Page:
GLOECKNER: Gary, can you send me some pictures of yourself?
GROTH: For what purpose?
GLOECKNER: I want to put you in a story.
GROTH: Oh my god. The Mexican murdered children story?
GLOECKNER: Can you send me some?
GROTH: Sure. What story is this going to be in?
GLOECKNER: I won’t know till it’s done. But send me six or seven.
GROTH: OK. I’ll have to dig them up. I’ll have to find a bunch of pictures.
GLOECKNER: Just pictures you like that look kind of like you’re … just any pictures.
GROTH: Preferably pictures that don’t look like me, but I’ll do that.
GLOECKNER: Do you promise me?
GROTH: Why do you want pictures of me as opposed to anyone else?
GLOECKNER: Well, I’ve gotten to know you a little bit now, so …
GROTH: You might be able to render me with a depth and understanding.
GROTH: Uh huh, uh huh. Sure. That was good. That was quick. All right.
GLOECKNER: No, but I’m really serious. I am.
GROTH: Uh huh. OK. All right.
GLOECKNER: So, I hope you’ll do it. Go home; look through those albums.
GROTH: You mean those indiscriminate boxes with piles …
GLOECKNER: Shoe boxes …
GROTH: And I assume you want relatively recent. You don’t want like 25 year old pictures.
GLOECKNER: Actually, it would be OK to have older ones.
GROTH: Well, I do have a bunch of goofy pictures of me, so.
GLOECKNER: Just anything … I’ll do something good with it.
GROTH: You’re not going to do something evil.
GLOECKNER: Have you ever seen me do anything truly evil?
GROTH: Well, I have no doubt that in the privacy of your home…
Why Doesn’t Phoebe get Any Respect?
GLOECKNER: I feel like The Comics Journal has ignored me most of my life.
GROTH: And vice versa.
GLOECKNER: What do you mean “vice versa”? Just because I’m not a subscriber?
GROTH: Well, there’s that. I’m just giving you preemptive shit.
GLOECKNER: What other stuff?
GROTH: Yes. We’ve ignored you. Go on.
GLOECKNER: You have! Because look. Seriously, you didn’t review Diary of a Teenage Girl, right?
GROTH: Well, we’re running a review of it in this issue…
GLOECKNER: Right. More than a year and a half after the book came out. What’s the point?
GROTH: Well, yeah, right. I can’t even explain that.
GLOECKNER: That’s really unusual.
GROTH: I can’t even give a good excuse for that.
GLOECKNER: The fact is also I sent the book physically myself to you guys, and then after somebody told me they couldn’t possibly review it because it was a galley, I asked them “Who do I send books to?” I sent it to Kim [Thompson]. I sent it to a reviewer. I asked for the name of the person who would review it and then I sent my own copies … this was about 17 months ago.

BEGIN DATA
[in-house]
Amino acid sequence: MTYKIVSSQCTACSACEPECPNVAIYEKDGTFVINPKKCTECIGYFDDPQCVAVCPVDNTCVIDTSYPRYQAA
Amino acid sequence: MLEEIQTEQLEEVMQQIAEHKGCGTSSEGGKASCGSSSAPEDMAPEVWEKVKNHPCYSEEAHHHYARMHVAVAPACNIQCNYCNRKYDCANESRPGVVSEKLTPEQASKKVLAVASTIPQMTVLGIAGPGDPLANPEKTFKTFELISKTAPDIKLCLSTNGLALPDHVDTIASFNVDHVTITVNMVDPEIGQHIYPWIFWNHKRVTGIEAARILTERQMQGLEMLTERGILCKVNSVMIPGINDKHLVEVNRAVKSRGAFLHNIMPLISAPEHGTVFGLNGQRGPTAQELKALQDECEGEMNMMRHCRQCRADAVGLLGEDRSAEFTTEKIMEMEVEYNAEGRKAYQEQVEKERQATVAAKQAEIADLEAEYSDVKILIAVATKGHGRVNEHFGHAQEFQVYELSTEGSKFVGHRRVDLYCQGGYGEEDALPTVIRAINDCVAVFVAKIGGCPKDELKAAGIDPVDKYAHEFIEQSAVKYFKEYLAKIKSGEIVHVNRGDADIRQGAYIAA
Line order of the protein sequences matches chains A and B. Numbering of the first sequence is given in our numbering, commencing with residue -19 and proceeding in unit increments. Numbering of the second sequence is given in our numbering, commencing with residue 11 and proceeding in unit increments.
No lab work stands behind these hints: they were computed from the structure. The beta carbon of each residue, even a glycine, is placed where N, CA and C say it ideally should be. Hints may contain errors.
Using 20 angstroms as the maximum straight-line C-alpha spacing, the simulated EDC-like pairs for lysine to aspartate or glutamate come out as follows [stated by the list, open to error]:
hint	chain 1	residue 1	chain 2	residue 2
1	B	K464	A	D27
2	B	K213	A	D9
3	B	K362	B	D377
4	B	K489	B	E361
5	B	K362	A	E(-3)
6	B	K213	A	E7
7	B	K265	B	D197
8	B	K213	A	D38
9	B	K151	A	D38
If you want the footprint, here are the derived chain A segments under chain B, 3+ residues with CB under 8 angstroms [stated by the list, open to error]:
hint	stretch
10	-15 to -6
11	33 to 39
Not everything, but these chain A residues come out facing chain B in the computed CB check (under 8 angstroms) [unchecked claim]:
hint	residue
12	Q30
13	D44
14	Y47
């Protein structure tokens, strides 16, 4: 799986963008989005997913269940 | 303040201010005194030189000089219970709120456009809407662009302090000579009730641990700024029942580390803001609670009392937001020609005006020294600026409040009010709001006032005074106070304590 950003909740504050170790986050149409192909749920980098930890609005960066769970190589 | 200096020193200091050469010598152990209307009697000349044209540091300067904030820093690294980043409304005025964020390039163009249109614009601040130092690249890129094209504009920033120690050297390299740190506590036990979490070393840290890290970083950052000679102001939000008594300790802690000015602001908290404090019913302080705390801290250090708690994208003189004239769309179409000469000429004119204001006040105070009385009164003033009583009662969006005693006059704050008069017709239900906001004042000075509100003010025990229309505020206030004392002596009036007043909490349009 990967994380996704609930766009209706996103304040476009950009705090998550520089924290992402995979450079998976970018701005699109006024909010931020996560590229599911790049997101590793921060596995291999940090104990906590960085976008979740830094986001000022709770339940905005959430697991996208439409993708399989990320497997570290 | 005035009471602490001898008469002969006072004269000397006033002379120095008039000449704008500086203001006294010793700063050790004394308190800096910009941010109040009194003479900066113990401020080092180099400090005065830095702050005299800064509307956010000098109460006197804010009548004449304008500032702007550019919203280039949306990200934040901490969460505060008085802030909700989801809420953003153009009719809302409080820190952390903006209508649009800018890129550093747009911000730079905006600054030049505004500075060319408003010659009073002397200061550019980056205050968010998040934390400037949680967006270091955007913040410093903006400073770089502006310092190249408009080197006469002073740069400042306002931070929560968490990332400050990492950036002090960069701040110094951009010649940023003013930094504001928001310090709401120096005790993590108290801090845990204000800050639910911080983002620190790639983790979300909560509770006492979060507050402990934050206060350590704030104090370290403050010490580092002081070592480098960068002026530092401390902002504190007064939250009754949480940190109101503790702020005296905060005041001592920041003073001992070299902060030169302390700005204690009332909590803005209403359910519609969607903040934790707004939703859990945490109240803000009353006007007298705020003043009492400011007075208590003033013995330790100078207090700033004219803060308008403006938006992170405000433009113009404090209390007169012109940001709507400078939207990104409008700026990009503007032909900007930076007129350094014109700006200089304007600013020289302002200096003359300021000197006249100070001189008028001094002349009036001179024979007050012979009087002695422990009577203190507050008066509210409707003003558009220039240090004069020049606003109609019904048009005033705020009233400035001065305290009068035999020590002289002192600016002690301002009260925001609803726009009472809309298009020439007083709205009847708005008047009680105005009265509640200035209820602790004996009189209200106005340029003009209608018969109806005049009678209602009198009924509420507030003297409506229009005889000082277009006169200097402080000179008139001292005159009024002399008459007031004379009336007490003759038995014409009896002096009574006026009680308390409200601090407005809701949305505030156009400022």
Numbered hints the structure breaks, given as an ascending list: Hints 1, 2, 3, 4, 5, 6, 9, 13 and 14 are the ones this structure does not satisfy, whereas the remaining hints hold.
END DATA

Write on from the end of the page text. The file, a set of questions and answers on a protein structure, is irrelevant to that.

GROTH: I can give you absolutely no explanation for that. I interrogated the managing editor of the magazine at the time and got nowhere.
GLOECKNER: OK. Is it because of that comic I did for The Comics Journal, “I Hate Comics?”
GROTH: No. You mean in the first Special?
GROTH: No, not at all. No, it was simply an absurd fuckup as far as I can tell. Because, why would I ask you to do more strips for the Journal? Why would I interview you? Why would I …?
GLOECKNER: I don’t know why!
GROTH: Well, it could be all irrational. I can’t even begin to tell you …
GLOECKNER: Because that was, for me, a major piece of work. It was reviewed in book journals — everywhere — but not in any comics magazines. That’s partially why I don’t feel like a cartoonist. I’ve always been basically ignored.
GROTH: Did we ever review A Child’s Life?
GLOECKNER: Yeah. Tom Spurgeon did.
GROTH: OK. So we did!
GLOECKNER: That was actually the same month the book came out.
GROTH: Well, there’s no conspiracy. I can’t give you a very fascinating answer. It just seemed like a complete clusterfuck as to why Diary was not reviewed. And I got this incomprehensible answer from the managing editor, and spoke to Tom Spurgeon, who was allegedly given the book to review, but told me later he didn’t know he was supposed to review it. And where the truth lies, I have no idea. But the minute it was brought to my attention, I did act. And we have a review by Donald Phelps.
GLOECKNER: What is a clusterfuck? Who is Donald Phelps?
GROTH: Don Phelps is an internationally known critic of comics and literature and film and poetry, and he’s done a marvelous job. And then we have Tom Spurgeon’s big profile of you and your work for the next Special, which will be out in early March. So we’re making up for years of neglect.
GLOECKNER: It’s not that you even should have paid attention to me. I just figured …
GROTH: Well, you have to realize Diary of a Teenage Girl was an exceptional circumstance that I can’t even comprehend myself. But when A Child’s Life came out, we reviewed it. And that was your first book. Everything else you’d done had been short stories scattered all over the place. And I’m sure if we reviewed Weirdo, or wherever else you appeared, that we must have mentioned you.
GLOECKNER: OK. You can be forgiven for that. But you did review that, anyway, so … I mean, you did it in a timely fashion.
GROTH: But it wasn’t by design.
GLOECKNER: I always thought, “Oh, he doesn’t really want to interview me. He’s been threatening to do it for 5 years. He just feels pressured because someone noticed that there was some lack.”
GROTH: No, no. That’s not true.
GLOECKNER: OK, Gary, whatever you say. Although… you might easily be afraid to admit that you don’t really like my work, and you’re just like, you know, well, trying to cover all your bases… trying to be a good, unbiased journalist or something… I shouldn’t even be talking to you about this, except I always say whatever I feel like saying.